Dwight Howard is most likely gone. That much is plainly evident. This season was so marred and he was so marginalized so as not to really justify his coming back. Howard markedly regressed posting 14 points, 12 rebounds, and 1.6 blocks per game on the year, so the desire to separate is most likely mutual. Moving Howard was rumored to be Houston’s priority at the trade deadline and, although that ultimately failed to materialize, the desperation to part ways with the center prior to exercising his option shows the organization ready to find a replacement.

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Dwight will have a difficult time making a case for his next contract to be nearly as lavish as Houston gave him. His productivity is down, his player efficiency rating is down, and his true shooting percentage is barely up. Injuries are nagging the big man and there is debate as to whether he could be a centerpiece of a team or merely a complementary center forced to focus on defense and rebounding.

The ultimate question for Dwight’s next contract and deal will be whether he can accept a more offensively talented Ben Wallace role rather than whether he can recover his classic Dwight shape.

The Future of Analytics

I was hammered on Twitter for posing an innocuous thought; with the failure of the Rockets, NBA teams may need to reevaluate the future of analytics. Simple enough but good enough to draw out the knives of NBA wonks. Lost amid the tumult of blaspheming the name of analytics, it seems, was a lack of a definition as to what it is. The Warriors and Spurs integrate analytics, so it must be great, right? The Rockets failure is their own.

Well, not exactly. Analytics in basketball is something more than acknowledging stats and using them. Analytics refines basketball down to a numbers game. To date, it’s widely mocked that analytics is “threes and layups.” It’s the formula Houston is based on, after all. Shot charts show player preferences and efficiencies to help piece sensible parts together. Analytics, however, has reached the point where players wear trackers to calculate total distance ran over a season. Clearly we’ve reached points of diminishing returns.

Analytics only takes you so far once you’ve distilled core concepts. While experimentation can lead to breakthroughs, it’s also necessary to acknowledge when we’ve moved past science and breached into alchemy. The Rockets had the analytical pieces. Those pieces failed them. The blueprint to an efficient team can be achieved through a combination of the NBA’s stats sites, Basketball Reference, and stat Austin Clemens.

What can’t be captured, though, are the things the Rockets lacked. Leadership, poise, and game management. The Spurs combine the old school with the modern and play to the strengths of their integral players. The Warriors barrage you with threes and almost improvise it from there. The Rockets focused on the threes and layup methodology and, to a large extent, perfected the methodology. Now, though, comes the intangibles of basketball. The team has been constructed and the theory practiced, now it’s time to refine it. Sometimes, refinement requires older methods. After all, just because it’s old doesn’t mean it’s wrong.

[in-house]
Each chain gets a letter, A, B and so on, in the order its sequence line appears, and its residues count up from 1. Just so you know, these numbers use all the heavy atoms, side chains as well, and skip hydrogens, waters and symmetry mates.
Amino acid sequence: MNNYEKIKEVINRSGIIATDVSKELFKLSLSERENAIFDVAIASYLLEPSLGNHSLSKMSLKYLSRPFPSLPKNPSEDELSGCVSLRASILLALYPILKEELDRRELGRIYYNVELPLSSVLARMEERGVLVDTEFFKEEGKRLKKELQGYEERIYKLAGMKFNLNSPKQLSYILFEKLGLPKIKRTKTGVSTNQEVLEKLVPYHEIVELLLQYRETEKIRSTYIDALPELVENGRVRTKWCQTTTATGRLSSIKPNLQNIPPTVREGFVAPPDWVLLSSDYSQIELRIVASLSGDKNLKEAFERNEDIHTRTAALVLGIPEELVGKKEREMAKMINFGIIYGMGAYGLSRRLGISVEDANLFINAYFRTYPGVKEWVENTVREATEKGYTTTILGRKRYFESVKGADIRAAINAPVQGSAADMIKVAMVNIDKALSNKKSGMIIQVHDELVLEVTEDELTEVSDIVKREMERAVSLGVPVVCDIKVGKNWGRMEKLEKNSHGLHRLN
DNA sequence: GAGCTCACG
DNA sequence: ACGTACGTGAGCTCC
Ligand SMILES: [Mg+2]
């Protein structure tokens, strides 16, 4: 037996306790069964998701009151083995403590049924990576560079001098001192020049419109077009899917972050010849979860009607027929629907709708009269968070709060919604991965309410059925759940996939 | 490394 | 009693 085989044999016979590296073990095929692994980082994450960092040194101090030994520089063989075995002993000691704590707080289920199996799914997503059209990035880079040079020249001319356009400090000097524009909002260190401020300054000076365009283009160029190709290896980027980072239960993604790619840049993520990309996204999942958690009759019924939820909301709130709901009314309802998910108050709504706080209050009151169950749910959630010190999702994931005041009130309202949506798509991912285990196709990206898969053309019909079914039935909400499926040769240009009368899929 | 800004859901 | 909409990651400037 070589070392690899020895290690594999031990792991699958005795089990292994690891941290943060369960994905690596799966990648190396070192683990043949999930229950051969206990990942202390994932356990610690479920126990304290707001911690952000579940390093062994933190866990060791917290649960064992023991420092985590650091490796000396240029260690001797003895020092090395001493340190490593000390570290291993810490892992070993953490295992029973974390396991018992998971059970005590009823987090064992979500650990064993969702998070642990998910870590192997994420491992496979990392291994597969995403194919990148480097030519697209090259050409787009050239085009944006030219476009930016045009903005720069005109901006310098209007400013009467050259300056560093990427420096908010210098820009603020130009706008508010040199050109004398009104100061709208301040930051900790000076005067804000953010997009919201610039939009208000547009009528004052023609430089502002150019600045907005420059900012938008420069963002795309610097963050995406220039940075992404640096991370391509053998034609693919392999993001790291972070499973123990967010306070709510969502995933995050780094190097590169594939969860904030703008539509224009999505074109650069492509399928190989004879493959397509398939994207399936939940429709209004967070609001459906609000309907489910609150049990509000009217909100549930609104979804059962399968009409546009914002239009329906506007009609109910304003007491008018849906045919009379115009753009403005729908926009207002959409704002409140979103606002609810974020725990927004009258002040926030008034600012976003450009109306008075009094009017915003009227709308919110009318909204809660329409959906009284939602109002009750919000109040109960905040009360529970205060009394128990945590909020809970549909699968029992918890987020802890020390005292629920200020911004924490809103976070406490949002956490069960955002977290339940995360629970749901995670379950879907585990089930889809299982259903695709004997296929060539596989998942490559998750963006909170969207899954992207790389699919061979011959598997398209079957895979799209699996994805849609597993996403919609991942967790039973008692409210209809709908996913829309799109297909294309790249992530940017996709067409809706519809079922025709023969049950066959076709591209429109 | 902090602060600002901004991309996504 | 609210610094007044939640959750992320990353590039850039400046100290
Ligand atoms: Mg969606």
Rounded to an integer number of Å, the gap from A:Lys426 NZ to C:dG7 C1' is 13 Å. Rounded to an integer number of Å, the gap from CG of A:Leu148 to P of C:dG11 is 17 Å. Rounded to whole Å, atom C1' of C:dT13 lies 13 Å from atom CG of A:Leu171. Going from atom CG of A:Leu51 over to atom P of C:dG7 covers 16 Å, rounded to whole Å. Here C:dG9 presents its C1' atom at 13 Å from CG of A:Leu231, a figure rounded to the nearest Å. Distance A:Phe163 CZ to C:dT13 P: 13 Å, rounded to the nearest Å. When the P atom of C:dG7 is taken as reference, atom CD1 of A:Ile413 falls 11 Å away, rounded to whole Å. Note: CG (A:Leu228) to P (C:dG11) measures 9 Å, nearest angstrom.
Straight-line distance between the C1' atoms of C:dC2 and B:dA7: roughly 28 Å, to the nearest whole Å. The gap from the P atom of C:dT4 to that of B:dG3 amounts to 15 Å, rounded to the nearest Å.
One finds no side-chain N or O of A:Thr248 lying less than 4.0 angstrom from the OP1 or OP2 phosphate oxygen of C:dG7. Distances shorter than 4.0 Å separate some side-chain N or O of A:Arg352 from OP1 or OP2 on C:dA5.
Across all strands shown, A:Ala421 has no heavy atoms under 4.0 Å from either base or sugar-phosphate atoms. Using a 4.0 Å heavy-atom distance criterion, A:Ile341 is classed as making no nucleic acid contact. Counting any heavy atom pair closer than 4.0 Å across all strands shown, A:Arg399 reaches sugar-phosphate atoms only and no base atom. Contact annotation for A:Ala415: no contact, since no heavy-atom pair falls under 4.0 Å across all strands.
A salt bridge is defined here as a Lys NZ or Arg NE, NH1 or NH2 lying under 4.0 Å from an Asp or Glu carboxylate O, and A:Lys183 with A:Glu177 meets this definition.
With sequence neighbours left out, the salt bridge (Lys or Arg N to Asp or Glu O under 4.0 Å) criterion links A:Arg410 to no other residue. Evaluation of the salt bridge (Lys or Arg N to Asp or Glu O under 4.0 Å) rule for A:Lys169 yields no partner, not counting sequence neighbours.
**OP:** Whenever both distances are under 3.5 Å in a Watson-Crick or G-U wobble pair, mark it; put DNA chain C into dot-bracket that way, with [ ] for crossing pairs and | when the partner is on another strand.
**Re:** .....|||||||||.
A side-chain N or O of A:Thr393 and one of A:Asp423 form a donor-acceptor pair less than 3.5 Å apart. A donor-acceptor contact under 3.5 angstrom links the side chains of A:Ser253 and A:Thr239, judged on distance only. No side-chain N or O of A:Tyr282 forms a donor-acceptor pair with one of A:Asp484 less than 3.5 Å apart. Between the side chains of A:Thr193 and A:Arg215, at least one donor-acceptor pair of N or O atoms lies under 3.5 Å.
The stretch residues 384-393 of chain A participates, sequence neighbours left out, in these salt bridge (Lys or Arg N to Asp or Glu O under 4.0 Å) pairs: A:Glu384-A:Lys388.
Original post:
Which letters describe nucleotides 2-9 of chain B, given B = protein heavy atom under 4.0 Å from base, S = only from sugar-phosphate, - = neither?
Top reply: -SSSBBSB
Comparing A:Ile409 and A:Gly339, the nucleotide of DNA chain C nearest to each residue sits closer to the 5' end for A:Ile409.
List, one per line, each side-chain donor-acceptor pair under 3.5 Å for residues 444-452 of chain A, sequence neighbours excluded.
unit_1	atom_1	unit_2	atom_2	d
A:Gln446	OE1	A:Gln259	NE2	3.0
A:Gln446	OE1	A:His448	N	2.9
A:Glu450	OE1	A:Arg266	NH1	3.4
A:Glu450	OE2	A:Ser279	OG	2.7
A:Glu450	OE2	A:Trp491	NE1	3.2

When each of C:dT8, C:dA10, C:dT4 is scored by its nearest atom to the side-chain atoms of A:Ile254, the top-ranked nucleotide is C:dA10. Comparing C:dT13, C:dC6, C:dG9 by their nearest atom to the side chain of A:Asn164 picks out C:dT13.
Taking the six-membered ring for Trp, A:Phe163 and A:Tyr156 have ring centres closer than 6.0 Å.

Daryl Morey’s Tenure and Legacy

This upcoming offseason will define Daryl Morey’s time as GM with the Rockets. Fair or not, Morey will be evaluated based on how he recovers from what may be the most disappointing season for Houston in the last decade. Last year the Rockets were one round away from the NBA Finals. This year, they had to scrap for the honor of being wrecked by the defending champions. That level of drop off should raise eyebrows with Rockets leadership. How he rebounds should determine their reaction.

Morey inherited a Rockets team with two broken stars and the financial flexibility of a graduate student with his loan forbearance gone. From that, Morey acquired James Harden, Dwight Howard, Trevor Ariza (twice), Kevin Martin, and financial flexibility. Within that same range is a checkered draft history, the Royce White debacle, Terrence Williams’ failure, perplexing trade deadline tinkering, and more misses than hits in free agency.

Overall, Morey has been one of the better general managers in the league but, at the very least, it’s understandable why he’s not considered part of the elite. His teams have arguably had one successful season. Perhaps his greatest legacy is that he built a contender without ever bottoming out.

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These factors are all why Morey’s next season is the pivotal one. If Morey can convert this broken season into a successful offseason and strong 2016, the negatives dissipate. The coming offseason will require that Morey put together another star with Harden, solve the role player issue, and hire a coach capable of instilling championship discipline for 82 games and the postseason. Failure to do so will highlight that Morey’s drafts haven’t had much of a long term benefit to the team and reinforce Morey’s reputation as an asset gatherer and tinkerer rather than a man with a championship formula.

It’s unfair, to an extent, that a man who has not been given the opportunity to tank and get a top three pick is viewed in this light. It’s also worth noting that Morey acquired a former top 3 pick in Harden and a former number 1 overall pick in Howard. In the long arc of Morey’s tenure, he’s passed over Kawhi Leonard for the lesser half of the Morris twins.

The important takeaway is that Morey doesn’t need to deliver a coup this offseason to cement his legacy as one of the best GMs in Houston’s history – that much is firmly established. He merely has to deliver a team capable of competing with a coaching hire and the right offseason pieces in an offseason that is going to be rife with moving pieces.

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Next: Morey Explains The McHale Firing